As asserted in the following lemma, adopting the separable Frobeniusnorm regularization in (P3) comes with no loss of optimality, provided the upper bound is chosen large enough.
Lemma 1: Under (a2), (P3) is equivalent to (P1).
Proof:
Let denote the minimizer of (P1). Clearly, , implies that (P2) is equivalent to (P1). From (3) one can also infer that for every feasible solution , the cost in (P3) is no smaller than that of (P2). The gap between the globally minimum costs of (P2) and (P3) vanishes at , , and , where . Therefore, the cost functions of (P1) and (P3) are identical at the minimum.
Lemma IIIA ensures that by finding the global minimum of (P3) [which could have significantly less variables than (P1)], one can recover the optimal solution of (P1). However, since (P3) is nonconvex, it may have stationary points which need not be globally optimum. Interestingly, the next proposition shows that under relatively mild assumptions on
and the noise variance, every stationary point of (P3) is globally optimum for (P1). For a proof, see Appendix A.
Proposition 1: Let be a stationary point of (P3). If (no subscript in signifies spectral norm), then is the globally optimal solution of (P1).
Condition captures tacitly the role of , the number of columns of and in the postulated model. In particular, for sufficiently small the residual becomes large and consequently the condition is violated (unless is large enough, in which case a sufficiently lowrank solution to (P1) is expected). This is manifested through the fact that the extra condition in Lemma IIIA is no longer needed. In addition, note that the noise variance certainly affects the value of , and thus satisfaction of the said condition.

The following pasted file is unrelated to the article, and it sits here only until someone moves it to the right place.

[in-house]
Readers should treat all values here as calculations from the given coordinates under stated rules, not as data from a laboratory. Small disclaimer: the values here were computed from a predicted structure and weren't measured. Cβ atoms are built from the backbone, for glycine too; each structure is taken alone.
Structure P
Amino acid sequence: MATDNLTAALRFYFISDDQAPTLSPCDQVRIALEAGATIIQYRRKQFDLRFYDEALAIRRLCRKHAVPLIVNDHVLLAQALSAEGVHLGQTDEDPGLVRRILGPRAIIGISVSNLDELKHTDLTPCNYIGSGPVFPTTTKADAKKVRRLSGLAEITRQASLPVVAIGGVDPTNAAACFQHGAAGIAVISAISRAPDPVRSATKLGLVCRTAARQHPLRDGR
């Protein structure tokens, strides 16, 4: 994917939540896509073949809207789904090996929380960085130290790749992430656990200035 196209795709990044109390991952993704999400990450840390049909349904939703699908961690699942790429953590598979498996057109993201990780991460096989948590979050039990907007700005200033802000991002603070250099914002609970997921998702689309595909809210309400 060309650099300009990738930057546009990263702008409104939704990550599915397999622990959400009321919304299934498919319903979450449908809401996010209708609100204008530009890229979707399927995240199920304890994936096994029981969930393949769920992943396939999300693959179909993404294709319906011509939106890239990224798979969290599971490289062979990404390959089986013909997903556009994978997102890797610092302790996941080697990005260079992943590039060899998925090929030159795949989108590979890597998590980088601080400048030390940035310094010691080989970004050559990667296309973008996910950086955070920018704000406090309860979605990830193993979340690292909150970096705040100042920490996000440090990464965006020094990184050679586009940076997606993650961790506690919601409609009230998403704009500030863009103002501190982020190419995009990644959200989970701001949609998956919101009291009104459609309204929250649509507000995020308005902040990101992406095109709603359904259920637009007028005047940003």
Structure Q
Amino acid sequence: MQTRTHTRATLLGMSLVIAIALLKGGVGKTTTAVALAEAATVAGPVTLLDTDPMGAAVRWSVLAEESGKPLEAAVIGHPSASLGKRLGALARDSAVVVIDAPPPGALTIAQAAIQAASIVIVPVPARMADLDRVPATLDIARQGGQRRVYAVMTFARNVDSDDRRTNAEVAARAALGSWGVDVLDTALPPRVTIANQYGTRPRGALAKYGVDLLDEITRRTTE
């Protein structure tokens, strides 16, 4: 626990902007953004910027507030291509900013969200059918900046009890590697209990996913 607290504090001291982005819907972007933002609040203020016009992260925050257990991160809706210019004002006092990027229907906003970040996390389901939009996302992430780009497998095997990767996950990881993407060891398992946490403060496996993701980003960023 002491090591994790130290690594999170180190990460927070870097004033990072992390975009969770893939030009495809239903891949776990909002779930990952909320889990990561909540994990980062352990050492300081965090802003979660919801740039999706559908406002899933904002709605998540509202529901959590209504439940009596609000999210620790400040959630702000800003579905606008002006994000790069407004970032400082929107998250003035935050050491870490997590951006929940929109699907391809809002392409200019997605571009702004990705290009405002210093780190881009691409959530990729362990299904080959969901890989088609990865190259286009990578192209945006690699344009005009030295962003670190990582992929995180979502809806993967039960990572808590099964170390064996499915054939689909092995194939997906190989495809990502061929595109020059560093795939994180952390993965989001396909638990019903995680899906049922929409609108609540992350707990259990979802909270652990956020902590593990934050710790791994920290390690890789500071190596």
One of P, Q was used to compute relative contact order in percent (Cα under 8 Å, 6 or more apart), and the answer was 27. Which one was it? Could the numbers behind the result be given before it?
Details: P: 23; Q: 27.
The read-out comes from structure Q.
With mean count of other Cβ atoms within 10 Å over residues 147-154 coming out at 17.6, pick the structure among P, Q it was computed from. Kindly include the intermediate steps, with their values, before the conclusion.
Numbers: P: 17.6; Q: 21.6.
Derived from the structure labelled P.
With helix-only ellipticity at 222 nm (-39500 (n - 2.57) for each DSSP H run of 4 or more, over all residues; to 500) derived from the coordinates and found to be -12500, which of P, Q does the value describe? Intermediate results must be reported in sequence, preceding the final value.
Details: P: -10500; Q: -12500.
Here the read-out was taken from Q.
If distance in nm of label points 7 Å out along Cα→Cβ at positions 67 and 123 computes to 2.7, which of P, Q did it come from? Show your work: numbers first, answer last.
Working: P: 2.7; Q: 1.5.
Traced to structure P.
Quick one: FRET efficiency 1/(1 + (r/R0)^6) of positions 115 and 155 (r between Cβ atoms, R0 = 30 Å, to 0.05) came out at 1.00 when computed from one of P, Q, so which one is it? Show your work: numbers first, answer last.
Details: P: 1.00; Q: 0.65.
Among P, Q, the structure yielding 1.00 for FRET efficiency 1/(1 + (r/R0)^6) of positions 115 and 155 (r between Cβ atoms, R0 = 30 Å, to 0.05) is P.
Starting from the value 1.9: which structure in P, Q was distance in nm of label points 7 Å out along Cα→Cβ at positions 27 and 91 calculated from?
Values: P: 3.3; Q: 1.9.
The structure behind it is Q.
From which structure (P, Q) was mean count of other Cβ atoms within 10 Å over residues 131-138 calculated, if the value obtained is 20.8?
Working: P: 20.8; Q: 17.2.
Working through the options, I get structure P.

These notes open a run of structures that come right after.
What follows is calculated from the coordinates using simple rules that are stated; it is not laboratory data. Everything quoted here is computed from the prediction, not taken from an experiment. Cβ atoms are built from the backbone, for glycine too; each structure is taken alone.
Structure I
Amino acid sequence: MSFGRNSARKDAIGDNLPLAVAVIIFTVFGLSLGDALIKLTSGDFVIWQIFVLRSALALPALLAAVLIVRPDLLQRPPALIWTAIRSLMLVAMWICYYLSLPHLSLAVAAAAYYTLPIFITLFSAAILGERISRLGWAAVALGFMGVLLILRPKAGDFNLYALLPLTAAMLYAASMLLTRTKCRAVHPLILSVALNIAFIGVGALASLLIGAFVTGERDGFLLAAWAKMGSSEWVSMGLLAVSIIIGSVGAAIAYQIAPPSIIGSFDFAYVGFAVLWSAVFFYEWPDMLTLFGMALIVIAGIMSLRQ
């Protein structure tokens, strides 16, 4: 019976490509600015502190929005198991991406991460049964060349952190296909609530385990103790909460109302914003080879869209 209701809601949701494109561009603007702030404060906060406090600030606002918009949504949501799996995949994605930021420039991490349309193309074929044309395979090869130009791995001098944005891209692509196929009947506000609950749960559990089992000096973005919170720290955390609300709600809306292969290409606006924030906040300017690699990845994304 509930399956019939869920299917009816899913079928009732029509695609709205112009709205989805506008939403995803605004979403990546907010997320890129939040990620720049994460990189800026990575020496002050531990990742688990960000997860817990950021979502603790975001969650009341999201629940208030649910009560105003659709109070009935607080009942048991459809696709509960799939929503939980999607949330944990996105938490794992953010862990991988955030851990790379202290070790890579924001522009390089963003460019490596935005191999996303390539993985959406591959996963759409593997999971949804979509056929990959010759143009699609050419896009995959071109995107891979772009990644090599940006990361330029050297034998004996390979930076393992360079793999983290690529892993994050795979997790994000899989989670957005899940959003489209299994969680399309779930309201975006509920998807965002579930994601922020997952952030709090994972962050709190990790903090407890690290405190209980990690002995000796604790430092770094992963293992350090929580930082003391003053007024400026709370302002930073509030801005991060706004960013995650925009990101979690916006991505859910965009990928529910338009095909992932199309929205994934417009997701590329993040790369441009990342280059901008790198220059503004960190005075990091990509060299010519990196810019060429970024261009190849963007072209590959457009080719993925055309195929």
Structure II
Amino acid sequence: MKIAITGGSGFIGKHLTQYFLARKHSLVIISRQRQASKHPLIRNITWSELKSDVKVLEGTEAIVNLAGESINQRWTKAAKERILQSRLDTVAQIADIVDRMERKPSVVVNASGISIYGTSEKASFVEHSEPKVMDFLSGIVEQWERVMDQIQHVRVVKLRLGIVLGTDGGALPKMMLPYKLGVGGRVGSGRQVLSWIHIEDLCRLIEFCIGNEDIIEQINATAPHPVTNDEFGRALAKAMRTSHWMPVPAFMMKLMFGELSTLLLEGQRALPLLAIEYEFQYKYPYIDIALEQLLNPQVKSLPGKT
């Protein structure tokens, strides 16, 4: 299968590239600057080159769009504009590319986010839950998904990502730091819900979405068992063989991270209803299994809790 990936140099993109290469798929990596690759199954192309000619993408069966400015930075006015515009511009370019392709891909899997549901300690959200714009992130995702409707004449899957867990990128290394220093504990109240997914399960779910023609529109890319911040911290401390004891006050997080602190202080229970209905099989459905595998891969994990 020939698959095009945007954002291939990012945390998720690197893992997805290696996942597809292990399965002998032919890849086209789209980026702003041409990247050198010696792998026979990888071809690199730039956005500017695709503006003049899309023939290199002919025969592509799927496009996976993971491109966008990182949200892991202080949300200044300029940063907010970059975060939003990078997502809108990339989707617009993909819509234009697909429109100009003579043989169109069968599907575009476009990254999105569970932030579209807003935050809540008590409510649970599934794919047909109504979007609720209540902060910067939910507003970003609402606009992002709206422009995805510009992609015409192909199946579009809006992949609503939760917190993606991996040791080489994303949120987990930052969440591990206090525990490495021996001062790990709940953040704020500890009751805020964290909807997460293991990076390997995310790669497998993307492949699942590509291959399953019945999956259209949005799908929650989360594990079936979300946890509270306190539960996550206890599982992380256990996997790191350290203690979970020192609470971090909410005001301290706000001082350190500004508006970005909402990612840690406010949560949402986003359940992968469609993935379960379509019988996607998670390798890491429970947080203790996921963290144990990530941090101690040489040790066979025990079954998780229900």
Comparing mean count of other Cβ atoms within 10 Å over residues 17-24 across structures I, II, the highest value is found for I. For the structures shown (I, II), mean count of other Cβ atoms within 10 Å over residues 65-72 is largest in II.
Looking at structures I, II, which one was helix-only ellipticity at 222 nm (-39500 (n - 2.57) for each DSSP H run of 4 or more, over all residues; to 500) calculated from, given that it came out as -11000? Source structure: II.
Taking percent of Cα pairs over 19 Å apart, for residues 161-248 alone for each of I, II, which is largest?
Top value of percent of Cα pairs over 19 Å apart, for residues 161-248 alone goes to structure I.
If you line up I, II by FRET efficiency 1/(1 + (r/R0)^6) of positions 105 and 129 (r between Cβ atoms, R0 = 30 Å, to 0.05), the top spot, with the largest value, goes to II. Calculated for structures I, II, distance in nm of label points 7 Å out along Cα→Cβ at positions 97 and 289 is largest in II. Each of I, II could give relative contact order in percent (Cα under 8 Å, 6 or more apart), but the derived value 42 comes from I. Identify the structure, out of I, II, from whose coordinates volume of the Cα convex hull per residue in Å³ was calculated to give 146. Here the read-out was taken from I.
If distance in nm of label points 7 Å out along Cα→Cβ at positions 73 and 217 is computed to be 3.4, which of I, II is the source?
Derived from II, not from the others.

IiiB Local variables and consensus constraints
To decompose the cost function in (P3), in which summands are coupled through the global variables and [cf. (ii) at the beginning of this section], introduce auxiliary variables representing local estimates of per agent . These local estimates are utilized to form the separable constrained minimization problem
s. to  
For reasons that will become clear later on, additional variables were introduced to split the norm fittingerror part of the cost of (P4), from the norm regularization on the (cf. Remark 3). These extra variables are not needed if . The set of additional constraints ensures that, in this sense, nothing changes in going from (P3) to (P4). Most importantly, (P3) and (P4) are equivalent optimization problems under (a1). The equivalence should be understood in the sense that and likewise for , where and are the optimal solutions of (P4) and (P3), respectively. Of course, the corresponding estimates of will coincide as well. Even though consensus is a fortiori imposed within neighborhoods, it extends to the whole (connected) network and local estimates agree on the global solution of (P3). To arrive at the desired distributed algorithm, it is convenient to reparametrize the consensus constraints in (P4) as